Efforts are afoot to not only make IF more accessible, but to make it more modern and attractive in appearance. Along with all of the other innovations of Inform 7, for instance, a facility has now been added by which the author can easily include a “book cover” of sorts for her work, which is automatically displayed when the player begins the game. Thumbnail versions of this art could also be displayed in another application that has aroused considerable discussion in the community, even if it is a project still far from fruition: the creation of a sort of IF “I-Tunes” application that would allow the player to browse the Archive’s immense database of games, and to open any one of them on her computer with just a couple of clicks. A meta-data standard for IF is under discussion which could make this dream a reality by providing a standard format for storing basic information — copyright date, author name, brief description, etc. — about every game to facilitate easy searching and browsing. These projects have a long way to go, but the community seems increasingly committed to shedding the retro-gaming label once and for all and embracing the future. I believe a larger audience for IF is out there, and I believe an improved presentation for the genre as a whole is the best way to reach it.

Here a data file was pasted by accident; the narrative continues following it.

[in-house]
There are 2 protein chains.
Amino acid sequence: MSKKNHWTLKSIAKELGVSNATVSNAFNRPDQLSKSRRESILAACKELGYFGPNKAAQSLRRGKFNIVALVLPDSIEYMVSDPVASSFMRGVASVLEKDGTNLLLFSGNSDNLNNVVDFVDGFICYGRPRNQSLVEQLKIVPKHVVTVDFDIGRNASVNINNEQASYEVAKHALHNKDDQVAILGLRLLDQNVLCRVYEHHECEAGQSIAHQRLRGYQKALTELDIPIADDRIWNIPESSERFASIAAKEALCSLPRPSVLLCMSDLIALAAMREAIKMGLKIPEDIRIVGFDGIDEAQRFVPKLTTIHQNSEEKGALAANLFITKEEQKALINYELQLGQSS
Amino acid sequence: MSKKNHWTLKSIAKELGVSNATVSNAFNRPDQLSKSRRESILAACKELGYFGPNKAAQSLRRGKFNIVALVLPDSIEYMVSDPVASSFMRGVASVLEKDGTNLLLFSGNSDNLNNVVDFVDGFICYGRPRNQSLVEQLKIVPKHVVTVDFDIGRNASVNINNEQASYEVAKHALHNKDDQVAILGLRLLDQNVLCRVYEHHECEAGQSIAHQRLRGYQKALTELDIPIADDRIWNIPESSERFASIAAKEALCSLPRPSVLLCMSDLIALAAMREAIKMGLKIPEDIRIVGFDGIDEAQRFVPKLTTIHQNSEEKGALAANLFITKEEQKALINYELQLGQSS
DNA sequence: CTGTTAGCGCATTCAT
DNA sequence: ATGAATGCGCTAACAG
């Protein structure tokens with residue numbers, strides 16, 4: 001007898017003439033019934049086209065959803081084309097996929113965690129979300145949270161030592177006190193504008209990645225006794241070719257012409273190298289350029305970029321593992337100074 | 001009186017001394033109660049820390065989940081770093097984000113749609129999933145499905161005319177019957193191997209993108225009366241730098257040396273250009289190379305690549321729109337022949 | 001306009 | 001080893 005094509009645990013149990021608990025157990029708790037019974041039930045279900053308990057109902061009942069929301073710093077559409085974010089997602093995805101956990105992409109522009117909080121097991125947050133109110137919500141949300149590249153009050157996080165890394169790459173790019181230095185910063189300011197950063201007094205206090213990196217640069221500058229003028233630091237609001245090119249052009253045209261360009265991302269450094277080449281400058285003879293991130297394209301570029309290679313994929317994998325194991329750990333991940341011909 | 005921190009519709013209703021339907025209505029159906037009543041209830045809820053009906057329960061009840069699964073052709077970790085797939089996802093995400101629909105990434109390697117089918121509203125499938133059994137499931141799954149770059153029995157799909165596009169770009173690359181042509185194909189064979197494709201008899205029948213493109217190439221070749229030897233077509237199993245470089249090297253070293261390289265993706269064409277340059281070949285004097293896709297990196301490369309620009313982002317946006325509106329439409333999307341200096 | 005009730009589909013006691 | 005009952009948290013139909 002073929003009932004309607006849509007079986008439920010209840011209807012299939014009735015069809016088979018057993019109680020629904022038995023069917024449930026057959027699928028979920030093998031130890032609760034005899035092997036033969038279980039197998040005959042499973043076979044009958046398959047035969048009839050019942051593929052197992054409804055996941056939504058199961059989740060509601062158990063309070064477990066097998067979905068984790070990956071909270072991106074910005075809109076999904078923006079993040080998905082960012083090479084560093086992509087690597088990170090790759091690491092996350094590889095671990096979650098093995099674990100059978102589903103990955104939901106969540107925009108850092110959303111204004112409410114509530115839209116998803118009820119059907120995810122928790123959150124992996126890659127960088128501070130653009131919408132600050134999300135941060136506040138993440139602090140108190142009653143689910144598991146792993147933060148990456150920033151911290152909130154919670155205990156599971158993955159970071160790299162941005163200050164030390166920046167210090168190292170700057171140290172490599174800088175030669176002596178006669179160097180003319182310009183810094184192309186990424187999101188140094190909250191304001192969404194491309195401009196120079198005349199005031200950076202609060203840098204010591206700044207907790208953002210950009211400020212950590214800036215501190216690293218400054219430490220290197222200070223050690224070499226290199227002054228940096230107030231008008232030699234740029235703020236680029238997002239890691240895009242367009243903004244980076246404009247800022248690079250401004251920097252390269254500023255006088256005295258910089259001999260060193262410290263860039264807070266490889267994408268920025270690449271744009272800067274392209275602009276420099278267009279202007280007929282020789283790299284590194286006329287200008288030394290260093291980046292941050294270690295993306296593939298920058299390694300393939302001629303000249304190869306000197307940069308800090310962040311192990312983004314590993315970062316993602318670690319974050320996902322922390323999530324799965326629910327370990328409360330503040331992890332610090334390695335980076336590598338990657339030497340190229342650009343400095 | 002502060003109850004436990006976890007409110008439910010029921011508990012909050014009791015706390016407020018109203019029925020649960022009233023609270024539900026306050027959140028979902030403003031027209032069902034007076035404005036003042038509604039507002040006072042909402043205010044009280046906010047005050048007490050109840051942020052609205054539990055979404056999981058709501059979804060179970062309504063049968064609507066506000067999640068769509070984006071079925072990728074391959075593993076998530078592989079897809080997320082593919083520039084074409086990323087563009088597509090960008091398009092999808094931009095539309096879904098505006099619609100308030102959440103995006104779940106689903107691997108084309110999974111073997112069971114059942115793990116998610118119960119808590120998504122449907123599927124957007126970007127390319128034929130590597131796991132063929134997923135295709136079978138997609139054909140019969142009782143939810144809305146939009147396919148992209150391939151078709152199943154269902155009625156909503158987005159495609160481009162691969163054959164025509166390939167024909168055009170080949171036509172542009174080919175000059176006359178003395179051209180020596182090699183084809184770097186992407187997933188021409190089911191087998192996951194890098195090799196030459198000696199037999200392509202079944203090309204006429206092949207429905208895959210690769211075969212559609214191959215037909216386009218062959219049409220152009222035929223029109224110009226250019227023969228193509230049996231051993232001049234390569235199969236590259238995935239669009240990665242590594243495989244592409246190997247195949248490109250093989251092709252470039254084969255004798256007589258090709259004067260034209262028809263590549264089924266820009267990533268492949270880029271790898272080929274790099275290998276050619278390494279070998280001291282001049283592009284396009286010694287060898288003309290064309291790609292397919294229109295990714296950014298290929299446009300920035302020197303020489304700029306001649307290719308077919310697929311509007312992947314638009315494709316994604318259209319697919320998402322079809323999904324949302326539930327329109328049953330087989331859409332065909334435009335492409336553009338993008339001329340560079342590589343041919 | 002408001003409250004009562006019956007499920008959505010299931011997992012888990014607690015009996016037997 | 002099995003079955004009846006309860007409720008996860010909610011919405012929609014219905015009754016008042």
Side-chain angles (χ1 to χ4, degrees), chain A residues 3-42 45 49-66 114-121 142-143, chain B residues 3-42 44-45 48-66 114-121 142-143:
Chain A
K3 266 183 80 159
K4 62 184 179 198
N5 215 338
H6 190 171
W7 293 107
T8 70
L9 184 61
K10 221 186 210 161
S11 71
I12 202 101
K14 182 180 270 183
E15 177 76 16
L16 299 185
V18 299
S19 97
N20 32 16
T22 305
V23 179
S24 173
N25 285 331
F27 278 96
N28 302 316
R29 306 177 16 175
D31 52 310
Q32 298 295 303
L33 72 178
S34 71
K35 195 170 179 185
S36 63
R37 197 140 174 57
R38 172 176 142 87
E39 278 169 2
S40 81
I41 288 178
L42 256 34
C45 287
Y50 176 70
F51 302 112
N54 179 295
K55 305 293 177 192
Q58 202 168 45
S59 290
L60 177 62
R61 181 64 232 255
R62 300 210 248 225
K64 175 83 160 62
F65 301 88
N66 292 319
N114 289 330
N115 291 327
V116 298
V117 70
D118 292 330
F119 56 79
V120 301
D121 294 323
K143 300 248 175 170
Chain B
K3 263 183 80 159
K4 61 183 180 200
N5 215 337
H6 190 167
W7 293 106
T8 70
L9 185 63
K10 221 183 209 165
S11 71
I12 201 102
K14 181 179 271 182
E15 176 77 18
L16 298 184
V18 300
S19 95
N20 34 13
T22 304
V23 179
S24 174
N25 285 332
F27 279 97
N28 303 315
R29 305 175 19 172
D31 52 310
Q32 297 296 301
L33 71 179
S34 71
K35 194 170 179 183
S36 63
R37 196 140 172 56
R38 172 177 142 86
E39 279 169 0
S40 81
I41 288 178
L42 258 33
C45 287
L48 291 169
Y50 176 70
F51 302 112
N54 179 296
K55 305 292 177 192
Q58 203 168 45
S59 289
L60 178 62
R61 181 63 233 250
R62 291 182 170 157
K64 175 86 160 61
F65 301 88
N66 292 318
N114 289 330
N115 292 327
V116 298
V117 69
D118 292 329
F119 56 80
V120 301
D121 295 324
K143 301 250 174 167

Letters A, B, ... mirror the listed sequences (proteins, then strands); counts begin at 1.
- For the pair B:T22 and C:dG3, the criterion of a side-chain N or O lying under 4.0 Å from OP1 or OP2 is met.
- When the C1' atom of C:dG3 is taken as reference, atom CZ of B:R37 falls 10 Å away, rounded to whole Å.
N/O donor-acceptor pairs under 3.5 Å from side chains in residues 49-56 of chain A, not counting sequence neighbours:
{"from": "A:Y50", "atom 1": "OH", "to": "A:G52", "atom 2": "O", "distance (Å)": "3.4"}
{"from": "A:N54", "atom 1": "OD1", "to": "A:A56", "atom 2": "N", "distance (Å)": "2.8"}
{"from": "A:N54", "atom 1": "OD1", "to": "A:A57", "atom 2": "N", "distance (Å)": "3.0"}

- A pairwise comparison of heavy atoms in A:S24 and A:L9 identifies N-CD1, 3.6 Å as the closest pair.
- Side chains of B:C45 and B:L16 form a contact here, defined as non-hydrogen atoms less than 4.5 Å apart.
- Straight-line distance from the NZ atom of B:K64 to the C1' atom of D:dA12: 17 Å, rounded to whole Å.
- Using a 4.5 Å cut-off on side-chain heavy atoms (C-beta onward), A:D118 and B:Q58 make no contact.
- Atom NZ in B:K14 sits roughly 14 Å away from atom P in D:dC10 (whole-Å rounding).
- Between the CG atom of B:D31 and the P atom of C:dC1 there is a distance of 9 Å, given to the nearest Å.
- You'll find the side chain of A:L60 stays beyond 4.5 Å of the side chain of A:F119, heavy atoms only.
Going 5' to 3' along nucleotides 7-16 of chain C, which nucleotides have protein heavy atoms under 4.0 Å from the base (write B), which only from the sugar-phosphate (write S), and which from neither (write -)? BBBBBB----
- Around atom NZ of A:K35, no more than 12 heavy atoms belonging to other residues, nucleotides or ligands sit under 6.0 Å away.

Some see IF as suffering something of a directional crisis in the last few years. The wild experimentation with form that marked the late nineties has now largely subsided. One could argue that we have a pretty good sense of what the genre is capable of now, at least unless and until we see some quantum leap in artificial intelligence technology, or until something else occurs that shifts the paradigm of IF development. This is does not mean that the exciting phase of IF’s history is over, however. It may in fact be just beginning. Authors are now free to use the techniques that the experimentalists pioneered not as formal exercises but in the service of the stories they are attempting to tell. Some recent games, such as Jason Devlin’s Vespers and Chris Klimas’ Blue Chairs, have displayed just this ascendancy of substance over form that is the mark of a mature artform. There are many, many stories still to tell, and I believe that a substantial upswing in IF’s popularity could be just around the corner if the community stays the course with current efforts, even as increasing academic interest brings the genre a respectability it could never have dreamed of in the days of Infocom. Interactive narrative will be the literary form of the twenty-first century, and IF has every chance of continuing to be an important part of that movement for years to come. —Jimmy Maher —Chapter 11: The State of IF Today (Let’s Tell a Story Together (A History of Interactive Fiction))
In the US, “Chapter 11” is the section of legal code dealing with bankruptcy, but I’m sure that’s just a coincidence.
Especially notworthy is the “Suggested Works of Modern IF” page, which includes a brief essay on canon.